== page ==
I cannot recommend staying here enough. It was gorgeously decorated, absolutely spotless and Juan (the owner) was an absolute darling who made our trip to Havana seamless. He helped my friend and I with anything we needed, even calling his cousin to drive us back to the airport to search for our missing luggage. This is the only spot in Havana you should consider staying at, and if you do, tell Juan that Salma and Linda sent you. He’ll know who we are 🙂


Gorgeous inside of our Casa

Honestly the best Casa in Havana.

Breakfast is included in your stay and was fresh fruit and omelette any way you’d like it.

View from the first floor.

Varadero

After spending a few days roaming around Havana, learning her history and eating A LOT of plantain, which felt like heaven to me, I packed my bags again and trotted off to Varadero for some beach time.

Stop what you’re doing and listen to me when I tell you this, Varadero is one of the most beautiful beaches I’ve ever been to, and I’ve been to a lot of beaches around the world and across continents. It’s miles of white sands and water that is every shade of blue. With sand reefs far out, you can walk really far out from shore and still only be ankle deep, which means you can really surround yourself with blue seas and relax. It’s honestly paradise-like.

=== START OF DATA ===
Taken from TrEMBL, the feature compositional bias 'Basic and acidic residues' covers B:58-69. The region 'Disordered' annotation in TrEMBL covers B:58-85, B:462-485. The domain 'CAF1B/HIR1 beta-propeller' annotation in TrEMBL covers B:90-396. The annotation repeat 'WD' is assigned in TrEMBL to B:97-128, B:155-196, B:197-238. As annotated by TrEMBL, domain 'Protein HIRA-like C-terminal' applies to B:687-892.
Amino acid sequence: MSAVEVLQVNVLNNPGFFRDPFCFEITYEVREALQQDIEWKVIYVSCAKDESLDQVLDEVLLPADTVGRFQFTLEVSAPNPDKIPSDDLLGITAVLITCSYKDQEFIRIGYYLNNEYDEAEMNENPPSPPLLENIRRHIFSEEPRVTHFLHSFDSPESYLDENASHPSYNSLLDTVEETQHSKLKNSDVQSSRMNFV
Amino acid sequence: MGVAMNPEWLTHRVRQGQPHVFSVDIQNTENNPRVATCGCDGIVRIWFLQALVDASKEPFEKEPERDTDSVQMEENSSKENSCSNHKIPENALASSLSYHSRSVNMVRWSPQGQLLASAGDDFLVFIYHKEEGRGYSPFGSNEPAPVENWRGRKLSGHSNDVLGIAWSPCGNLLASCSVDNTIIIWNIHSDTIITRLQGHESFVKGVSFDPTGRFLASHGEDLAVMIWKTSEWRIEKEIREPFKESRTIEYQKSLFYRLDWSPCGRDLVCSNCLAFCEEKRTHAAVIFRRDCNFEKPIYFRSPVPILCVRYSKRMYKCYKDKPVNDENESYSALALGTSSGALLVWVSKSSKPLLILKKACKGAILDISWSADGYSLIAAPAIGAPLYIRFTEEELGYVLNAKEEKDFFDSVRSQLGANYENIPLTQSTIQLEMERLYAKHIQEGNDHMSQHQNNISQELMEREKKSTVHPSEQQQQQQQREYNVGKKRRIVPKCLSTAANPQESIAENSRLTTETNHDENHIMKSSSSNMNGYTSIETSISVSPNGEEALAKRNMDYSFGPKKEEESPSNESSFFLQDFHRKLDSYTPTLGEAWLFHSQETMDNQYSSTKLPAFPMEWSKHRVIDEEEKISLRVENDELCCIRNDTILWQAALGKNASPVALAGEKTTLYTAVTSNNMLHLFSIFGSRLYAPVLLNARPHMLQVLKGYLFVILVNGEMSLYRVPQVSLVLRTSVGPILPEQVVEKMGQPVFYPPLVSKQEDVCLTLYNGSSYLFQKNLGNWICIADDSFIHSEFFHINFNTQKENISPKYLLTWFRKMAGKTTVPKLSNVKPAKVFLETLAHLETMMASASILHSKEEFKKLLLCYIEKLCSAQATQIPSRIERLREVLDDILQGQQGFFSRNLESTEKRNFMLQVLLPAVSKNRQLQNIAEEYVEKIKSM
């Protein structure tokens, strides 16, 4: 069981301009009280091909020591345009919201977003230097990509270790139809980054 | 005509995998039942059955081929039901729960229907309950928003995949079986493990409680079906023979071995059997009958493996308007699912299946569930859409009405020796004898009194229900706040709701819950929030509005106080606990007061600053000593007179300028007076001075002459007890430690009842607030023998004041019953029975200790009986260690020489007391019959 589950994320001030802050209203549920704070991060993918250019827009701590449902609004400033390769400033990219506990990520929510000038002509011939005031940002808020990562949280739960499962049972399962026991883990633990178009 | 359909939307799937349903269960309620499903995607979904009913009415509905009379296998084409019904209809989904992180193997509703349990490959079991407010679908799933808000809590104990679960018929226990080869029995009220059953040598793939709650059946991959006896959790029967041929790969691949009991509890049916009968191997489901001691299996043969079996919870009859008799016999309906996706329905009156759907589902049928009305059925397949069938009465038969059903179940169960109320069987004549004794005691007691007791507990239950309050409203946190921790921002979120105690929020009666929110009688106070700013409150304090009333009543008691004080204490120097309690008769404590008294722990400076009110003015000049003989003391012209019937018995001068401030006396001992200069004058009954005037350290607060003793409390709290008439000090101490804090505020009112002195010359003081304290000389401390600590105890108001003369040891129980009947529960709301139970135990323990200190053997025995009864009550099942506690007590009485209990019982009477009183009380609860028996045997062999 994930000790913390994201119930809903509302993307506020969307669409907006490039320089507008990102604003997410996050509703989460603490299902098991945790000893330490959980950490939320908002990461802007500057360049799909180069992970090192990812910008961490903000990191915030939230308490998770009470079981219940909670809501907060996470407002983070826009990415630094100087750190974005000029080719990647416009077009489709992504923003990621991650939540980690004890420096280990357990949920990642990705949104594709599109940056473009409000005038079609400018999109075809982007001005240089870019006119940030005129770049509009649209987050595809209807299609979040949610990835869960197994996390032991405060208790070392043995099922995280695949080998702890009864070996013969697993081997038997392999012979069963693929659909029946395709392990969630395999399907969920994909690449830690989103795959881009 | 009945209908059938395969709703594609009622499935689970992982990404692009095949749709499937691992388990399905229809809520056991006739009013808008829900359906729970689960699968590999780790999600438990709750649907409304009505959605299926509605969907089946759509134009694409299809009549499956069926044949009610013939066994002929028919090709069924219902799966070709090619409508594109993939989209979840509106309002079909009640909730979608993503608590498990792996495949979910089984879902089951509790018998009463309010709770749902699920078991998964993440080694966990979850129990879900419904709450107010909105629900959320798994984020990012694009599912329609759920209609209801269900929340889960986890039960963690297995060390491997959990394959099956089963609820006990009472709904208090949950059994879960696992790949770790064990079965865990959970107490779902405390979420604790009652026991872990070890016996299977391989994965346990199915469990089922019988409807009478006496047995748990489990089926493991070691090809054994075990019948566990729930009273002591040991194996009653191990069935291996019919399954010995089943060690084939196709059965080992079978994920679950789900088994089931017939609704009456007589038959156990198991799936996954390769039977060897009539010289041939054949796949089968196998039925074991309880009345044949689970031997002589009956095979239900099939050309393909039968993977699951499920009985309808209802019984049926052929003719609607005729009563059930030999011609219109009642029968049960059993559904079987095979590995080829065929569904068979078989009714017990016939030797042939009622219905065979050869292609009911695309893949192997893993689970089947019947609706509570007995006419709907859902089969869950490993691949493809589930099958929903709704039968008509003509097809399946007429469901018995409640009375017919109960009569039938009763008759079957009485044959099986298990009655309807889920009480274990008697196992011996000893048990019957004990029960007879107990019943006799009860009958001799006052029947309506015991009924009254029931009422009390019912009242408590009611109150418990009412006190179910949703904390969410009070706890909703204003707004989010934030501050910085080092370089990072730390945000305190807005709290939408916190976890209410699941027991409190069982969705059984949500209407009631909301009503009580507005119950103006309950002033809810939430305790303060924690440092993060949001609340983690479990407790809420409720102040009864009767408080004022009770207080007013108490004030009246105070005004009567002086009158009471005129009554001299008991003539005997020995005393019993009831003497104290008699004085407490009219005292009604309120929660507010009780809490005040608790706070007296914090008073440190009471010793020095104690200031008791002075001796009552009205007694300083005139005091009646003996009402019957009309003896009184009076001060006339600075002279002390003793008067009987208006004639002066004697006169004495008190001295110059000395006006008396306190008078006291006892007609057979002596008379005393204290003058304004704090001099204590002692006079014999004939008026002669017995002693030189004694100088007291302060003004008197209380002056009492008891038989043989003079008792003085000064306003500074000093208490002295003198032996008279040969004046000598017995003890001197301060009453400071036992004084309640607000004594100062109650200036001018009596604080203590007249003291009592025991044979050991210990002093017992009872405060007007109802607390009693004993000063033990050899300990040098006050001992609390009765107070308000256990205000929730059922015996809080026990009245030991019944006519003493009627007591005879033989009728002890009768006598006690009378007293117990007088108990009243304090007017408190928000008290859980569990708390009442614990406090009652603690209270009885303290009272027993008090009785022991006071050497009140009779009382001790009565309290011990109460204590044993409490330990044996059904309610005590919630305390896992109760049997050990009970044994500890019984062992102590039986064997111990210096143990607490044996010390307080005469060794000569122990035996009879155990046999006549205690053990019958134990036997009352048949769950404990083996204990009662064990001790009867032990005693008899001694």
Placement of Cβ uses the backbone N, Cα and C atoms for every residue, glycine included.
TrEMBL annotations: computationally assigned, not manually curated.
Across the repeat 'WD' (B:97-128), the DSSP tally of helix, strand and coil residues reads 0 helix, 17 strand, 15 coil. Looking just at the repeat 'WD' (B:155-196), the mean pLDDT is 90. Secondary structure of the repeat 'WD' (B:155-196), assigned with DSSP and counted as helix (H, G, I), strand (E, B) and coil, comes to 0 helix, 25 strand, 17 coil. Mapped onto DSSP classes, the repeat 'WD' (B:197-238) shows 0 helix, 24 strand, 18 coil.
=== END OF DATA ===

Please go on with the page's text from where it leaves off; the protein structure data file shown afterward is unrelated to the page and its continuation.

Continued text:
I stayed in a hotel here as I only stayed for a couple of days and I wanted to be right next to the water. It’s quite hard to find a Casa in Varadero and if you do, they’re quite far out. I stayed at the Barcelo Solymar Resort and it’s selling point is its own access to the beach.

However, a country staying stuck in a period of history means that it’s hotels do too, and this one was in particular need of a makeover. The staff were all lovely and helpful, but it almost feels like the building is crumbling around you, and this was a four-star hotel. The furniture was old, the shower door broke off in my hand when I was trying to get out the shower and my friends bed broke in the middle of the night. While she was sleeping on it. Have you ever woken up to the crack of your friend’s bed next to you? It gives you both the biggest fright, and quite possibly the biggest laugh of your life. We’re still laughing about it now. Again, that’s just travelling right!

Nothing but every shade of blue you ever dreamt of.

The walkway from my hotel directly onto the beach.

Nothing but palm trees and blue skies.

Getting around

There’s tons of ways to get around the country, but when staying in cities I always recommend letting your feet take you places. It’s one of the best ways to discover and get to know a place. Naturally there’s taxis and tuk tuks in Havana that can take you around, and if you’re interested in visiting other places like Varadero, hop on the official transport provider, Transtur. They pick up from all the major hotels and you can buy your tickets in advance. Something Juan, our amazing host, helped us with. The busses are relatively cheap and it cost me 25 CUCs to get to Varadero, a two-hour drive from Havana.